What does this all mean for you?

The sustainable food packaging trend is growing, and retailers and consumers alike are slowly gaining awareness and preferences around this issue. It will take some time, but it’s worth keeping an ear to the ground, especially if your target market are health-conscious consumers which is the segment driving this trend.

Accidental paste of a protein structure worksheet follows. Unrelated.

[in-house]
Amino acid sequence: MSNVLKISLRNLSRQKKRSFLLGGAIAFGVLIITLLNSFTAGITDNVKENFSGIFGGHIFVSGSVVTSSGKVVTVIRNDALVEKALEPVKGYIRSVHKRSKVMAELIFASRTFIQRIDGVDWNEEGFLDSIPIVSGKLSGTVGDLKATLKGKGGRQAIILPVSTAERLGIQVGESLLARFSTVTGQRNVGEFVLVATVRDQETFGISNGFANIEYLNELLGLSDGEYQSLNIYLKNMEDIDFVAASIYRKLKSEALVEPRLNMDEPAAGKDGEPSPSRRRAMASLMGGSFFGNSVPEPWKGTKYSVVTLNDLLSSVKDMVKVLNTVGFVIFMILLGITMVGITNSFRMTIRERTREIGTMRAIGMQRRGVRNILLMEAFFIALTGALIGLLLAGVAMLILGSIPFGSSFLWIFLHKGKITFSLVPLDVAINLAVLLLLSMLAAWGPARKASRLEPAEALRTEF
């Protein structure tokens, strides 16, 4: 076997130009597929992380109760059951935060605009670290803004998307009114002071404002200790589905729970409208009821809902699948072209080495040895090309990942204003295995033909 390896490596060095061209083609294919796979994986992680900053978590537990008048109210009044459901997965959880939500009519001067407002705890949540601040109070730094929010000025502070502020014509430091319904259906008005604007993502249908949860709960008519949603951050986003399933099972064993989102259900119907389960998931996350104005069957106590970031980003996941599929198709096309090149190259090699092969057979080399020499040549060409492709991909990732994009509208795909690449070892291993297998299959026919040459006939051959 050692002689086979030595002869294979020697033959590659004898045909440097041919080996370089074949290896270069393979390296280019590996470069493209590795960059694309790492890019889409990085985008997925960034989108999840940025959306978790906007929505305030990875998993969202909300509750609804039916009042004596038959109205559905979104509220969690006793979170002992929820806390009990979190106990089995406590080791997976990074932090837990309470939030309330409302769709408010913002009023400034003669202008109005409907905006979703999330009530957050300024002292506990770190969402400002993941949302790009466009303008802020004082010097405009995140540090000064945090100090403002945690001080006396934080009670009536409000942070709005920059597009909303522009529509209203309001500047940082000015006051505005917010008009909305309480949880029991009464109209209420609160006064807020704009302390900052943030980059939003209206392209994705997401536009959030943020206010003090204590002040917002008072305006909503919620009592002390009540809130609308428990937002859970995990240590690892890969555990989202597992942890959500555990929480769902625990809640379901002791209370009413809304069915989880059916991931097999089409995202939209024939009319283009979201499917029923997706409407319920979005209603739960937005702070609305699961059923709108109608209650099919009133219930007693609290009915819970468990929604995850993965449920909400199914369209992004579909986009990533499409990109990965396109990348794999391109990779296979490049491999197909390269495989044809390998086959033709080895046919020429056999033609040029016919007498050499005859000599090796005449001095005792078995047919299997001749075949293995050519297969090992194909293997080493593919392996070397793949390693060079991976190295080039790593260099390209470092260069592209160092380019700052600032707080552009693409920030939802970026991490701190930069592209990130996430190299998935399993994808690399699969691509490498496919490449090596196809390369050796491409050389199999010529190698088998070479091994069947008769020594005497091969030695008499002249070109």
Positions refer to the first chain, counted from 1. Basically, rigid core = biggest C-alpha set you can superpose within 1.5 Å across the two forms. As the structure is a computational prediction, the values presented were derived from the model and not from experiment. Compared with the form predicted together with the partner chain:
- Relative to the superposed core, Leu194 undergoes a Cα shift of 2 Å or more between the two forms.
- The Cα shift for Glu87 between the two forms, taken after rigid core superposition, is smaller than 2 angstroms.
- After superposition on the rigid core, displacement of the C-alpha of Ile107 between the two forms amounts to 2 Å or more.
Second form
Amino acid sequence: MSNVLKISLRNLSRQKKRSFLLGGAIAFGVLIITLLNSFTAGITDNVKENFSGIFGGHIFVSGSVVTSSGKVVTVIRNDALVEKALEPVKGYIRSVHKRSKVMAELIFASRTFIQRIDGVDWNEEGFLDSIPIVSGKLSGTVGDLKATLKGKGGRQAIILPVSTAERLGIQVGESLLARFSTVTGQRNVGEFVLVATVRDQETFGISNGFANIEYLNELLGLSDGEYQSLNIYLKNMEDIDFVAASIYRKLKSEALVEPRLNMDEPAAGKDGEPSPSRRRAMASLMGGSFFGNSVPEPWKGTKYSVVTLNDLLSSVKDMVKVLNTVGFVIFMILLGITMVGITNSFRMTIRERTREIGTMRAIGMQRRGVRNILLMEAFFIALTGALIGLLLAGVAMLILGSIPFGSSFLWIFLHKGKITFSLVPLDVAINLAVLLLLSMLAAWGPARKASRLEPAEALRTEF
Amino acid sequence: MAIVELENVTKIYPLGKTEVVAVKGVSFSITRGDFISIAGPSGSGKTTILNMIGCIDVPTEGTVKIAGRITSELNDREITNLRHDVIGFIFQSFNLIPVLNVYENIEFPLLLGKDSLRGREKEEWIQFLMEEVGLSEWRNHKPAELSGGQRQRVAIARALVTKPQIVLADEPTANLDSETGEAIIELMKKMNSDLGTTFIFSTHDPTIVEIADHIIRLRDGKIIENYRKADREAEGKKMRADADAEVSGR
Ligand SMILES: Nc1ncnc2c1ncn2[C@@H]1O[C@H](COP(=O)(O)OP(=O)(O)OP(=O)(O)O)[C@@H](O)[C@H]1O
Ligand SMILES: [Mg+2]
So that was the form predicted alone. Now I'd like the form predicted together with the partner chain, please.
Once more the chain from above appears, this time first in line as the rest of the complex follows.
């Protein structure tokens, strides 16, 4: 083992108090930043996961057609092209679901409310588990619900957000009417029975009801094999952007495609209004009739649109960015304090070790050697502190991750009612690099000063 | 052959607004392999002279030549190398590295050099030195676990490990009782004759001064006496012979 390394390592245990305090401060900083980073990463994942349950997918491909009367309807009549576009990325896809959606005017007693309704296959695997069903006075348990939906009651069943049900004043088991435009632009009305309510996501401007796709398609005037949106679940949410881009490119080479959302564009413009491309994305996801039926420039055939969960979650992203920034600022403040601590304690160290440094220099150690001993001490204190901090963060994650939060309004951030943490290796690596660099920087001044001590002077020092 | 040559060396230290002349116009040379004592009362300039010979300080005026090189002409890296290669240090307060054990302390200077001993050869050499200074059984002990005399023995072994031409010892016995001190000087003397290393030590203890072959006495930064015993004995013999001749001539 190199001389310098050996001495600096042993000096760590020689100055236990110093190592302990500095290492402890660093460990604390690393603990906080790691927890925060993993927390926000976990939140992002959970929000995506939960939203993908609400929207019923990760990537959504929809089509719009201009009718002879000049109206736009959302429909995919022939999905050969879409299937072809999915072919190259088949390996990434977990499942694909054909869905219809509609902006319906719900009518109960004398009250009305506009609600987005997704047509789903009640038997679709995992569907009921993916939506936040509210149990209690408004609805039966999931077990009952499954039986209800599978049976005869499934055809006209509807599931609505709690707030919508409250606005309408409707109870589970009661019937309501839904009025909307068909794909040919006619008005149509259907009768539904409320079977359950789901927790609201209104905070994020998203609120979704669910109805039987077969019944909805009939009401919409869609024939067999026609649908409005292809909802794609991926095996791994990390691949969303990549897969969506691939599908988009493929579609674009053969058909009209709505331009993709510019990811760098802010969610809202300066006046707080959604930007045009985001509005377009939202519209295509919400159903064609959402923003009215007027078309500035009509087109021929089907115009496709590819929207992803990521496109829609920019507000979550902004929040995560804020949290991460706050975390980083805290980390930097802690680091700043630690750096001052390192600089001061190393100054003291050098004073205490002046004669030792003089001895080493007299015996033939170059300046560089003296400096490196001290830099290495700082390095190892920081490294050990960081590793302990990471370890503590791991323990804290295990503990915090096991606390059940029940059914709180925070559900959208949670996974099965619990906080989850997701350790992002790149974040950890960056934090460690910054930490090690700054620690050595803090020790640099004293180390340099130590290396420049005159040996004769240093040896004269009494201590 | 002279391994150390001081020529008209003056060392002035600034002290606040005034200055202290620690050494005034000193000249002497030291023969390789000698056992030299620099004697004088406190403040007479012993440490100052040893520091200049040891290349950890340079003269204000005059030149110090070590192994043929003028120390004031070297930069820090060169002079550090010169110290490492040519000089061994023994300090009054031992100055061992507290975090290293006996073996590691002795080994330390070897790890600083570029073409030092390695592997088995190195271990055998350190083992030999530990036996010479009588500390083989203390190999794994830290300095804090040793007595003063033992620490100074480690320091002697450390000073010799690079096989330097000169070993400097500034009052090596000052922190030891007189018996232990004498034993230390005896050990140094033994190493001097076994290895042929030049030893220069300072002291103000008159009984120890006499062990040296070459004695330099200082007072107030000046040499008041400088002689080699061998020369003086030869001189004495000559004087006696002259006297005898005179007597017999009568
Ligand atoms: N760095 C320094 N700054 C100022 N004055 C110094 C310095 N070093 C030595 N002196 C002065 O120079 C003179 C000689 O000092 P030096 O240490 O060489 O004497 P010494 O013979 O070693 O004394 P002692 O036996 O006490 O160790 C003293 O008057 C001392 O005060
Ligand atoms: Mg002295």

From plastic bags to straws, it looks like each new customer-selection will become a mini-trend that builds on the next; until, bolstered by the choices of retail chains and governments to guide and encourage public sentiment, awareness will grow at every level. Seeing this, there is a chance to plan ahead and ensure that, at the end of the day, you have the right packaging solution to take on the world yourself – and to help your customers do the same.